PORTLAND, Ore. (KOIN) – Across Oregon, more foster parents are needed to ensure at-risk children have safe places to stay. In the Portland area alone, there’s a need for hundreds of foster beds, according to Boys & Girls Aid, a Portland-based nonprofit. 

Boys & Girls Aid has worked for more than a century to help children in the Portland area find safe places to stay. It’s one of several nonprofits in Clackamas, Multnomah and Washington counties working to recruit foster families and place foster children in homes.  

It can currently provide service for 33 children, but President and CEO Suzan Huntington said that’s difficult to do when they need about 15 more families to provide full-time foster care. 

“If anyone has been thinking about fostering, this is the time,” she said. “We need every heart and every home to help us meet the needs of these kids.” 

The situation in the Portland metro area is a small part of the need the entire state is facing. According to the Oregon Department of Human Services, there were more than 5,000 Oregon children in foster care in July 2022

ODHS said it currently does not have a shortage of foster parents, but said it needs to have more than enough of what it calls resource families – the term it prefers over foster families. 

“When we have more than enough resource families, we can find the best match to support every child and family touched by foster care,” Jake Sunderland, press secretary for ODHS, said.  

ODHS’s Child Welfare Division believes that foster care should always be the last possible and temporary option for a child and family. The department prefers to place a child in a relative’s or close family friend’s care first before resorting to foster care. 

If a relative or family friend isn’t available to house a child, then a general resource family is used to support them.

Boys & Girls Aid can only tackle a small part of the problem, but Huntington said they’ll do what they can.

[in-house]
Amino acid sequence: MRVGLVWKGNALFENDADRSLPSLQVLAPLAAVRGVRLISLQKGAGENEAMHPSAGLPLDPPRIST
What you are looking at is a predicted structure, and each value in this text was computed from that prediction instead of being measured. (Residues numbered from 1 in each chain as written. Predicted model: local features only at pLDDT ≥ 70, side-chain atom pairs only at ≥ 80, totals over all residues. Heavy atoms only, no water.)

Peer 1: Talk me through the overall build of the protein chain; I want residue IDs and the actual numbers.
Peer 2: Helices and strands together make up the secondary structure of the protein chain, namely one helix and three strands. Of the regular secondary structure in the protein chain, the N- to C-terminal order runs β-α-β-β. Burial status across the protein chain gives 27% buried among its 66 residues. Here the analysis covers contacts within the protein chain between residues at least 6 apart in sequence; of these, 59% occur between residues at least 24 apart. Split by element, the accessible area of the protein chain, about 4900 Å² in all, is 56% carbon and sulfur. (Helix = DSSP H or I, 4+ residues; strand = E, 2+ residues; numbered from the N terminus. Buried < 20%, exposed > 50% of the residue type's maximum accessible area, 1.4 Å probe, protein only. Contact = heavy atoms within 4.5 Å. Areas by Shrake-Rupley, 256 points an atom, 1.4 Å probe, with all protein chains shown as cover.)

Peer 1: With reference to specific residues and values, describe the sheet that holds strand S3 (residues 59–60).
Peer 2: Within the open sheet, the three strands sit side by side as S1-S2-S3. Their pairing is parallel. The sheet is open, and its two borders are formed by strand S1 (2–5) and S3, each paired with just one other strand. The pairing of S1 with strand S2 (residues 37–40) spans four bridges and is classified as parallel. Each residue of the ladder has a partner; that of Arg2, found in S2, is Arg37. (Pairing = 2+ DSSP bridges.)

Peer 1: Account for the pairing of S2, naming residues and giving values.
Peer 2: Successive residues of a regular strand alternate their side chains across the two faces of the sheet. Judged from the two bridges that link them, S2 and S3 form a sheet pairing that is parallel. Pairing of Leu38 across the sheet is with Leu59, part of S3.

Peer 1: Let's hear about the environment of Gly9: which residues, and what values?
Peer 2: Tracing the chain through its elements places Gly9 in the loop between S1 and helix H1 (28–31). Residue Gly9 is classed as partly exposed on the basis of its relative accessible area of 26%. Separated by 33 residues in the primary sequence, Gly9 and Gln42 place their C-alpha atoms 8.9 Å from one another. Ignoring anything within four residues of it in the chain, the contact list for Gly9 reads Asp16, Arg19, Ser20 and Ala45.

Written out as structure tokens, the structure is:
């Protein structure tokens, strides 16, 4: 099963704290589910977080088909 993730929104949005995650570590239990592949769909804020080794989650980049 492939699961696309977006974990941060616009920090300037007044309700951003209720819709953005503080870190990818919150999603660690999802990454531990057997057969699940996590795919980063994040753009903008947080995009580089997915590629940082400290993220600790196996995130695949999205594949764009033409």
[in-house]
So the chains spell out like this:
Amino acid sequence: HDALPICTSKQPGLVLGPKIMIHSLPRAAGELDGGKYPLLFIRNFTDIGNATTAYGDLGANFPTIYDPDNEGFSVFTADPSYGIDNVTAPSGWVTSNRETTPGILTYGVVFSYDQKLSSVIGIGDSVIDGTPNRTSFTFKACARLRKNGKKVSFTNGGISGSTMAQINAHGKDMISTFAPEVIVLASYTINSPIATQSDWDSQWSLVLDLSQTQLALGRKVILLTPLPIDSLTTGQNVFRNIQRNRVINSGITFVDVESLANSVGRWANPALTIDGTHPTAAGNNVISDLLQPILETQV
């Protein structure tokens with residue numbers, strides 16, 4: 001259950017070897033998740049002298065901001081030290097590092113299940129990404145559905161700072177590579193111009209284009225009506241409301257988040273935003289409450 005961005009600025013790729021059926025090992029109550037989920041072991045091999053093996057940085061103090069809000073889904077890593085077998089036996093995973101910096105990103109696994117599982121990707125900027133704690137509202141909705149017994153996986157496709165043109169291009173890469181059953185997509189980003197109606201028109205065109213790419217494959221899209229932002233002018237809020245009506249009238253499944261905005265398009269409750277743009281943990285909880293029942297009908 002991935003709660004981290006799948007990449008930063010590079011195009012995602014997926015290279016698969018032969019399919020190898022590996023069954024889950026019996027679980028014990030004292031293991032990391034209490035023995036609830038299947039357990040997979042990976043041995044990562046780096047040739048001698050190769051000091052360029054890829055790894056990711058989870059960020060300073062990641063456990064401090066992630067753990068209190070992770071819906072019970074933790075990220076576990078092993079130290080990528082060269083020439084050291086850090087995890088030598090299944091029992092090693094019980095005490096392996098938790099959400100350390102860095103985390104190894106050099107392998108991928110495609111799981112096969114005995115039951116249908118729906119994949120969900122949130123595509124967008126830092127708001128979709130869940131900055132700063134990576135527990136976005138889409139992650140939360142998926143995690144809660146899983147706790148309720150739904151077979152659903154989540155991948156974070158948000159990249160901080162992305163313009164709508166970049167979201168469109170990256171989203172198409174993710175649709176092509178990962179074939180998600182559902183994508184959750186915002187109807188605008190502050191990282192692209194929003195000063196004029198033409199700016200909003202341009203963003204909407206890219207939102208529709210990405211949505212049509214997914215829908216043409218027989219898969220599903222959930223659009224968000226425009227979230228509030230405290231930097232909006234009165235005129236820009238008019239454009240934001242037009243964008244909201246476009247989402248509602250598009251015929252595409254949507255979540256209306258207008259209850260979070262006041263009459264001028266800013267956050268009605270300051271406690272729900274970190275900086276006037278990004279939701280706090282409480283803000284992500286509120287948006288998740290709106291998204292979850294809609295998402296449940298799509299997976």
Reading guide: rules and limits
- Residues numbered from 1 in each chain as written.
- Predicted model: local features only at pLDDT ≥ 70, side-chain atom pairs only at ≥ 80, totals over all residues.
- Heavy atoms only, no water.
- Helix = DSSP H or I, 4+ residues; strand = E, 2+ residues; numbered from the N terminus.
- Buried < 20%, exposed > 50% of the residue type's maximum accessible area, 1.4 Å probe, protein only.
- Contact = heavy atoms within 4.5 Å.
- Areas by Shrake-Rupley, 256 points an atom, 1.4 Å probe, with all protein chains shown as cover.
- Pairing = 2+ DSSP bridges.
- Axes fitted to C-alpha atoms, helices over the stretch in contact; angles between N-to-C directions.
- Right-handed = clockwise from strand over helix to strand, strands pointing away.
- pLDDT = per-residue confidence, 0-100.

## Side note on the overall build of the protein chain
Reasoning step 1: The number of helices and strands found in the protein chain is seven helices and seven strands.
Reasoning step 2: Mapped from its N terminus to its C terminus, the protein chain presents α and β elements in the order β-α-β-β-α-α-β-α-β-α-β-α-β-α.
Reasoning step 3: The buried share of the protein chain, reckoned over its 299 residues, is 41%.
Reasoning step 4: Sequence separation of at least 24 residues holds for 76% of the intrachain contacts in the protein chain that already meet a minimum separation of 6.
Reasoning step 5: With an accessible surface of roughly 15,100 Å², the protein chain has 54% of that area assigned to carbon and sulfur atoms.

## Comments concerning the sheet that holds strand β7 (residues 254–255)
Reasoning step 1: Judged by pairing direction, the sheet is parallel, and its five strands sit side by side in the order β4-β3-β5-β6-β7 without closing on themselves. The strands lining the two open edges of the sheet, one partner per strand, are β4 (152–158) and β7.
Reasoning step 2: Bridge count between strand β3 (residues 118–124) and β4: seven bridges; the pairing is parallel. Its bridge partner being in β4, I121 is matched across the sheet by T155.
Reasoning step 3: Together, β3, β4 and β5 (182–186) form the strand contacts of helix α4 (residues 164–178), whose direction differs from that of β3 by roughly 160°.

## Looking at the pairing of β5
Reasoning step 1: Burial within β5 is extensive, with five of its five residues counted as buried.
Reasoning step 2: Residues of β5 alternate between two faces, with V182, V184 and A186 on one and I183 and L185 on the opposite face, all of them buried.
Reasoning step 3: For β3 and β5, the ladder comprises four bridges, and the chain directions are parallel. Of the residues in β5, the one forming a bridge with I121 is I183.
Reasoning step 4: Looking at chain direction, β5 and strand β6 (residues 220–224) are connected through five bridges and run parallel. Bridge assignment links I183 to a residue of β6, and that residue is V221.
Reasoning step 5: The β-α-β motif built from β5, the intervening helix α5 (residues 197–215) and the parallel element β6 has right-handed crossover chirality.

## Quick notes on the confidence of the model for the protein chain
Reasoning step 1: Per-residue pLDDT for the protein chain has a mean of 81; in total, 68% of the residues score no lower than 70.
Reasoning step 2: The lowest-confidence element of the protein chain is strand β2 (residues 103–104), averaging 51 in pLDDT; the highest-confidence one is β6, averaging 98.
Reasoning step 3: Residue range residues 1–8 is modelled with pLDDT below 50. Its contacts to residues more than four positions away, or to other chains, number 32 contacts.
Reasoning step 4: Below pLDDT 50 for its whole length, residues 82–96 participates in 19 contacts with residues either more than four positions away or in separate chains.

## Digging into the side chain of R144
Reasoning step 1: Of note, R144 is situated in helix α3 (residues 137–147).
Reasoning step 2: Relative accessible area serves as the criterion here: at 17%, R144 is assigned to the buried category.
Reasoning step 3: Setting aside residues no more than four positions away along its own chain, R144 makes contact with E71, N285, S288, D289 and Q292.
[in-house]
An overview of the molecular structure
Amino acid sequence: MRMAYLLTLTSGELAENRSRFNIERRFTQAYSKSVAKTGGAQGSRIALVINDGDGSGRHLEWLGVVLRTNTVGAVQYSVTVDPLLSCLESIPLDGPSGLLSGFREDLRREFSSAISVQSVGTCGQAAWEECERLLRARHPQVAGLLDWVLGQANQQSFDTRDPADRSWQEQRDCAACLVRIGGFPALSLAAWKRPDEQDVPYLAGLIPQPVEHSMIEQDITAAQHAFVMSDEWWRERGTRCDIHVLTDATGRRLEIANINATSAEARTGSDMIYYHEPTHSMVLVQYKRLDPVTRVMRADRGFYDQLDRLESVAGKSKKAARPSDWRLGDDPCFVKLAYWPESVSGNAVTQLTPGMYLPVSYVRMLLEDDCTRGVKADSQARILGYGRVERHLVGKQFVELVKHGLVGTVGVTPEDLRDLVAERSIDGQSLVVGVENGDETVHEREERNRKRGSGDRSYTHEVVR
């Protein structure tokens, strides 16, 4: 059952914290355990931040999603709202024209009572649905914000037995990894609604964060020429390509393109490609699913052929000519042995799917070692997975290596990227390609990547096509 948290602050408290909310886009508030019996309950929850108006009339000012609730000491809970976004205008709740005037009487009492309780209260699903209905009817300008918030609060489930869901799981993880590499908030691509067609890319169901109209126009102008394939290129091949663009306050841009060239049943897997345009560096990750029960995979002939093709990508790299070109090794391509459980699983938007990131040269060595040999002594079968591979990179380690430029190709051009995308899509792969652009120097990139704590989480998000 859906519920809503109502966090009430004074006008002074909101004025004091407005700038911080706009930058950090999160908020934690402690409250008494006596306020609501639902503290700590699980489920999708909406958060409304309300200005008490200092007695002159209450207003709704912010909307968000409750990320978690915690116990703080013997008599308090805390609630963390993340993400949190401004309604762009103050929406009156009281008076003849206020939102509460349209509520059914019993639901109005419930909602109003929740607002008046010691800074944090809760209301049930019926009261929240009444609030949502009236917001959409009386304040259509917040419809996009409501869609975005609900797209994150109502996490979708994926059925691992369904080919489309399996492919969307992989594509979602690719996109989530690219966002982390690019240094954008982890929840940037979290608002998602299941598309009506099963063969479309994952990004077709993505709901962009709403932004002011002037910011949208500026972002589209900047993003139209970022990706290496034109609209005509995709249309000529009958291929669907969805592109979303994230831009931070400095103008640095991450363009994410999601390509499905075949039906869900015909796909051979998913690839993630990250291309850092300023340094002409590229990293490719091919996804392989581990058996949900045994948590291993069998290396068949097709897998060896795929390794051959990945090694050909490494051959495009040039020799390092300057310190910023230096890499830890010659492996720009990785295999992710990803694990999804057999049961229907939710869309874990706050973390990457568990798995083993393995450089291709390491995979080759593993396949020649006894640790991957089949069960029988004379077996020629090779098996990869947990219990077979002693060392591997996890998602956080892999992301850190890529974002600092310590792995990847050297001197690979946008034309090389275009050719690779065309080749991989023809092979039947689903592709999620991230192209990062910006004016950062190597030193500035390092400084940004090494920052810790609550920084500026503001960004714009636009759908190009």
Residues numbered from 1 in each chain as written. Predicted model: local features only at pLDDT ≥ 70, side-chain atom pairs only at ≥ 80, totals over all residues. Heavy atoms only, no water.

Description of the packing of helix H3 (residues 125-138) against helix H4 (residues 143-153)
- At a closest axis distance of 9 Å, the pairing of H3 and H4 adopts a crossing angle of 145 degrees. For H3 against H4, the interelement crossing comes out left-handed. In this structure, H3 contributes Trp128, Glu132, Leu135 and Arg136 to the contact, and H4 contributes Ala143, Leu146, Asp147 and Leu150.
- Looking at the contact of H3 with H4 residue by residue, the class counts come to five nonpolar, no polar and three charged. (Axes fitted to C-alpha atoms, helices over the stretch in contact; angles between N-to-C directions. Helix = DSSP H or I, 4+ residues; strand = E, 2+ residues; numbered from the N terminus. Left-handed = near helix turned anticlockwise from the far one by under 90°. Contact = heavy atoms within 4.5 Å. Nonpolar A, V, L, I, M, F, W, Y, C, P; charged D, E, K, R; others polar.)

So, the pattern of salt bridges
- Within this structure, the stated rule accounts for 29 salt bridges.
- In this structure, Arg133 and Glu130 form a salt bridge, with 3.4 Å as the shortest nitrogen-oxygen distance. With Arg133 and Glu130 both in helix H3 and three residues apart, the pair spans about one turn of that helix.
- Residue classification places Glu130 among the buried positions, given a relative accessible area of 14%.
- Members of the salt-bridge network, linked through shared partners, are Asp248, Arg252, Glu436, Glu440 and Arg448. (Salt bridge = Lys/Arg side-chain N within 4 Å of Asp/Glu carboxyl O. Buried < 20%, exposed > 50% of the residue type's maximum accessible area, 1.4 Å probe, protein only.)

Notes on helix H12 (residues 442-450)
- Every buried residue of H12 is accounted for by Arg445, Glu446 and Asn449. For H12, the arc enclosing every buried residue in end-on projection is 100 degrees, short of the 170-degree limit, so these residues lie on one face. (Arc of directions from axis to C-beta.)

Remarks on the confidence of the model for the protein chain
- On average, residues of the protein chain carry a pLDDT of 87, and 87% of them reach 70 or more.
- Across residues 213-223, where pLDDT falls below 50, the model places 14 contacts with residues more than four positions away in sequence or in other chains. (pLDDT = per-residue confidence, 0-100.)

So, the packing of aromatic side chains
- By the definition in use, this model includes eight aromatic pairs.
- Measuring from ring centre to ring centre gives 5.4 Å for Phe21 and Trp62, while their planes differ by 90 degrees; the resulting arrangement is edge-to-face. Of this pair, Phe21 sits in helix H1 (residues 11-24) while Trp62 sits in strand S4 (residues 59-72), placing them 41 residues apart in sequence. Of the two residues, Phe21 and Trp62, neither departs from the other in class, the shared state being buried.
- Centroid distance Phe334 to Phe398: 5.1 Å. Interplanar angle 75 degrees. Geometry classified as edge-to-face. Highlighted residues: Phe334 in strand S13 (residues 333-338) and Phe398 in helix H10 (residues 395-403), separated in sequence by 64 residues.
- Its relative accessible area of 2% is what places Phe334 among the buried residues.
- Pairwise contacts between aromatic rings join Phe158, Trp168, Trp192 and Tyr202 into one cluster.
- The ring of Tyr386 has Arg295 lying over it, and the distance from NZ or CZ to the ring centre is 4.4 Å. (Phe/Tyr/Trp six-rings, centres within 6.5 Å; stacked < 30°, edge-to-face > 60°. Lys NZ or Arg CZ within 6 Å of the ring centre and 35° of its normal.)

The nonprofit is hosting information sessions in September to help inform people on what being a foster parent entails. 

Huntington said it’s not an easy job. In the past, she said foster parents have told her it’s the hardest job they’ve ever ever loved. 

Foster parents will need to understand how to care for children who may have experienced trauma. That’s why Boys & Girls Aid requires its foster parents to undergo training before they can welcome children into their homes. The non-profit also offers 24-hour support to answer questions, provide guidance and assist with emergencies. 

Huntington said anyone can be a foster parent as long as they’re at least 21 years old, can pass a background check and have a separate bedroom in their home for a foster child. In the past they’ve had two-parent foster homes and single-parent homes. People can continue to work while they’re foster parents. 

Anyone who is LGBTQ+ is also invited to be a foster parent and Huntington said she’d like to see an ethnically diverse pool of parents. 

“It really runs the gamut. It really is about ‘Do you have room in your home and your heart to care for a child who really needs you right now?’” she said. 

She reminds people that there is a stipend for anyone who becomes a foster parent. They can make anywhere from $1,600 to $3,500 per month as a foster parent through Boys & Girls Aid, depending on what program they’re in. The stipend is tax-free and is meant to support the cost of fostering a child. 

“It’s important for us just to be honest about the fact that there is compensation. No one’s getting rich. It is to help cover added expenses,” Huntington explained. 

During the COVID-19 pandemic, ODHS reported there were fewer children living in foster care and state officials believe that could be because kids were not being seen by mandatory abuse and neglect reporters while schools were shut down. Just because the number of children needed foster care has decreased, Huntington said it hasn’t gone away. 

With school back in session soon, she fears there could be an increase in children who need help and she wants her non-profit to be prepared. 

“Our foster parents say, ‘I don’t know that this child understands my impact today in their life, but I know later, they’re going to look back at this time and they’re going to know that they were loved and that they were cared for at a time when it was tremendously uncertain for them,’” she said. 

Anyone interested in becoming a foster parent for Boys & Girls Aid can participate in the online information sessions that are taking place Tuesday, Sept. 13 at 12 p.m. and Wednesday, Sept 28 at 5 p.m.